In the Bible, God nowhere set up statutes for a priest to marry couples. In fact, any couple that was in a long lasting
relationship was considered married. Generally, when it says a man married a woman, the Hebrew word used says the man
took the woman. The Hebrew word la-qakh, which means “he took,” is underneath the words “he married”
in the following verse: “Now
afterward Hezron went in to the daughter of Machir the father of Gilead, whom he married when he was sixty years old;
and she bore him Segub.” (1 Chronicles 2:21 NKJV). Also, other things the English reader doesn’t
see is that in the Hebrew text, the words man & husband are from the same word (ish);
and the words woman & wife are from the same word (ish-sha) in our English
Bible. An example is in this verse: “Then
Sarai, Abram’s wife (ish-sha-woman), took Hagar her maid, the Egyptian, and
gave her to her husband (ish - man) Abram to be his wife
(woman), after Abram had dwelt ten years in the land of Canaan." (Genesis 16:3 NKJV). No
marriages in ancient societies closely match our modern equivalent.
The Bible does record a verse that shows that not all unions were between a man and a woman: “If your
brother, the son of your mother, or your son, or your daughter, or your lawful wife, or your friend, who is as your own
soul, entices you secretly, saying, Let us go and serve other gods, which you have not known, you nor your fathers;”
(Deuteronomy 13:6 Lamsa). The underlined words your friend, who is as your own soul in the
Aramaic literally means: “your lover according to your soul [emotion(s)].” The word rakh-ma, translated here as “friend,” also means a lover (in a relationship), as shown here: “His mouth is like
sweet honeycombs; his garments are lovely. This is my beloved, and this is my friend, O daughters of Jerusalem.”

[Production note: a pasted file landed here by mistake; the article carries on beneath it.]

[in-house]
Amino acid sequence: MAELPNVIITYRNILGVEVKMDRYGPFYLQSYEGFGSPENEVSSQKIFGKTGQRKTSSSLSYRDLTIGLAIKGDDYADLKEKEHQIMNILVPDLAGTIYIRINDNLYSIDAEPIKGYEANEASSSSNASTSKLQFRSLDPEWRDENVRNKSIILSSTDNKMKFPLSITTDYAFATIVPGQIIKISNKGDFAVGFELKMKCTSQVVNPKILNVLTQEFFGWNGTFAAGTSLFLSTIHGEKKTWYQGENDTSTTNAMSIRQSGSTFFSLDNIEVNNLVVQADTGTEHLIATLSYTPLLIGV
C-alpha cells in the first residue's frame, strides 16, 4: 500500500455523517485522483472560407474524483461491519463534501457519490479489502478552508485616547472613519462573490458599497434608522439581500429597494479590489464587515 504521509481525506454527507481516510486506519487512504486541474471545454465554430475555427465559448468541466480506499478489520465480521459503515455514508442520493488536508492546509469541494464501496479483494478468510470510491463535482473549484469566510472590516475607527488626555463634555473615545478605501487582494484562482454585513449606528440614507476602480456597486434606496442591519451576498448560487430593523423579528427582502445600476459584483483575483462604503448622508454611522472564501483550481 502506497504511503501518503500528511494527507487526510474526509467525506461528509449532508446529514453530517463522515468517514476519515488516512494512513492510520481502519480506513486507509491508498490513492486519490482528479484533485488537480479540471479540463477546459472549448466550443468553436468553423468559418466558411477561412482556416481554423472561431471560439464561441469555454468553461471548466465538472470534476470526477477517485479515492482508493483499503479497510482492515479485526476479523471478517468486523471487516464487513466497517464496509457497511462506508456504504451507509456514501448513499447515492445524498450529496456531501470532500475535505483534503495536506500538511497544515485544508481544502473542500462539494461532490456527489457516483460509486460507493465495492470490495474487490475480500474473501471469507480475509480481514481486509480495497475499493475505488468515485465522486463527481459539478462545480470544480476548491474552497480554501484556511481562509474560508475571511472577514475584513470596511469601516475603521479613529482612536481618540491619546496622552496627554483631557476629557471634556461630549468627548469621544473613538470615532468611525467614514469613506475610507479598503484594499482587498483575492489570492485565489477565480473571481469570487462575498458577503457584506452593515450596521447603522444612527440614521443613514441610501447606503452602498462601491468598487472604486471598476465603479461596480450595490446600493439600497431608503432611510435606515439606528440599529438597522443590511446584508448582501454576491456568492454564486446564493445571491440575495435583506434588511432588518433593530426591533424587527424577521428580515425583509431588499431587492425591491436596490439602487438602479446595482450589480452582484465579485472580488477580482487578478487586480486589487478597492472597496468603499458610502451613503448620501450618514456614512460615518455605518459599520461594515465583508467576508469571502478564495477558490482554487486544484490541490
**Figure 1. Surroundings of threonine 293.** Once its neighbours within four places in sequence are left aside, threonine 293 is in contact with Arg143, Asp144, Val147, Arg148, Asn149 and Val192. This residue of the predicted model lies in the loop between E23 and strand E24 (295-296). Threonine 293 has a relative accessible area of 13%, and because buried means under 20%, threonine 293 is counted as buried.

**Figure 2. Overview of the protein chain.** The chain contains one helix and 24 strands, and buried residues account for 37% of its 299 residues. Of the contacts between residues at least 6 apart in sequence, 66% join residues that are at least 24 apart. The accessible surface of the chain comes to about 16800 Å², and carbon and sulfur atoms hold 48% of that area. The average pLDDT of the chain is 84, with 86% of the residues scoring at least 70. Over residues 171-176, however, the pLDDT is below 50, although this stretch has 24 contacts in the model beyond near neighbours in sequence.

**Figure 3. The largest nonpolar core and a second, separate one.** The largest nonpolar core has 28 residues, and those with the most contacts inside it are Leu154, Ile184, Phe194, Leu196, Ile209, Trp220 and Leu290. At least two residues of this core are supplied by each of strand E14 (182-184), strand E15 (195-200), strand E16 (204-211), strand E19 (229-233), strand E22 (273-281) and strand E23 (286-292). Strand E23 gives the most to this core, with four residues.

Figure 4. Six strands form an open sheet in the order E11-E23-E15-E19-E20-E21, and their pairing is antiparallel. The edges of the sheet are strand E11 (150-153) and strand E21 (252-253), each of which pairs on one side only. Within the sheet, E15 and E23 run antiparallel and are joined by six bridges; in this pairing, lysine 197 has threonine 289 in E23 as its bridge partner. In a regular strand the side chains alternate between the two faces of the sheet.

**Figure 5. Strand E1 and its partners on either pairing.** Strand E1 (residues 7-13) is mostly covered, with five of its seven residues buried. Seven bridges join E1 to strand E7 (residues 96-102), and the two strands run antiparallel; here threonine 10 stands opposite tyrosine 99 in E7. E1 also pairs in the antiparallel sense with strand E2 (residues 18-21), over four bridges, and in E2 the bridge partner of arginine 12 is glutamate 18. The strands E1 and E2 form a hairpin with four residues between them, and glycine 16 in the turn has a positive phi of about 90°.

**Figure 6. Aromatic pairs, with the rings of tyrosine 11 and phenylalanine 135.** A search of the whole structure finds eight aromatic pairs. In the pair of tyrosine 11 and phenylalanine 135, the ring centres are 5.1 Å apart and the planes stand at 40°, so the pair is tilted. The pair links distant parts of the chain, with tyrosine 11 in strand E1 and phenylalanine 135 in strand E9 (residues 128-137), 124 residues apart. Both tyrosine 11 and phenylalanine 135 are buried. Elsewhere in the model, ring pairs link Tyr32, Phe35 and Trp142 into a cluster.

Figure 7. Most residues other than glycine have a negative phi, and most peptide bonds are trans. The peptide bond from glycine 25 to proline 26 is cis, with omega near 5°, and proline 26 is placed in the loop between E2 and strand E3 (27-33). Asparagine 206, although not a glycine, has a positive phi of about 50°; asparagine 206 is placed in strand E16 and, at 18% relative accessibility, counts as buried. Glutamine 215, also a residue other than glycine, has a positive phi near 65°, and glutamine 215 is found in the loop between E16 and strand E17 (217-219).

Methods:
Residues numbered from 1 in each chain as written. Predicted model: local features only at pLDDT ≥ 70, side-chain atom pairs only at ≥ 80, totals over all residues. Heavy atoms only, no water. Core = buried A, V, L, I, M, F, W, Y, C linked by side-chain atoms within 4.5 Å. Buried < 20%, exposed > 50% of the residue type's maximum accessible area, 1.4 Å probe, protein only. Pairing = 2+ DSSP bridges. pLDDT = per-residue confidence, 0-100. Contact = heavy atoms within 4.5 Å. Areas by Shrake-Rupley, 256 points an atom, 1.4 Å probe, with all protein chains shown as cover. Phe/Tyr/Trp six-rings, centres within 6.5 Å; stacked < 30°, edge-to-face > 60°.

(Song of Solomon 5:16 Lamsa). For some, it is hard to distinguish when the word rakh-ma
is referring to a friend or when it is referring to a lover in a relationship. I believe the context gives the clue.
“Then Abimelech went to him from Gadar, and Ahuzzath
[one of] his
friends ( rakh-meh-his lover [singular]), and Phicol
the general of his army.” (Genesis 26:26 Lamsa). The words [one of] are not in the Aramaic
text. Also, the Aramaic OT says that Ahuzzath was Abimelech's lover. Abimelech and Ahuzzath were
in a homosexual relationship, and Ahuzzath was his (Abimelech's) lover.
The Hebrew text has the word me-re-a, which literally means: “a made friend”
or “ a made lover. Re-a is part of me-re-a,
but there is an additional mem (i.e. “m”)
at the front. The additional mem brings the meaning of “made” attached to
the noun. The Aramaic text translated the word me-re-a, which literally means “a
made lover” [probably from a wedding], as “a lover” here. Me-re-a, with
a literal meaning of “a made friend” was translated as shawsh-wi-na (the bridegroom’s
friend, groomsman) at Judges 14:20.
Is the Bible Against Homosexuality? by Mattai "the Preacher" © 2003-2009.
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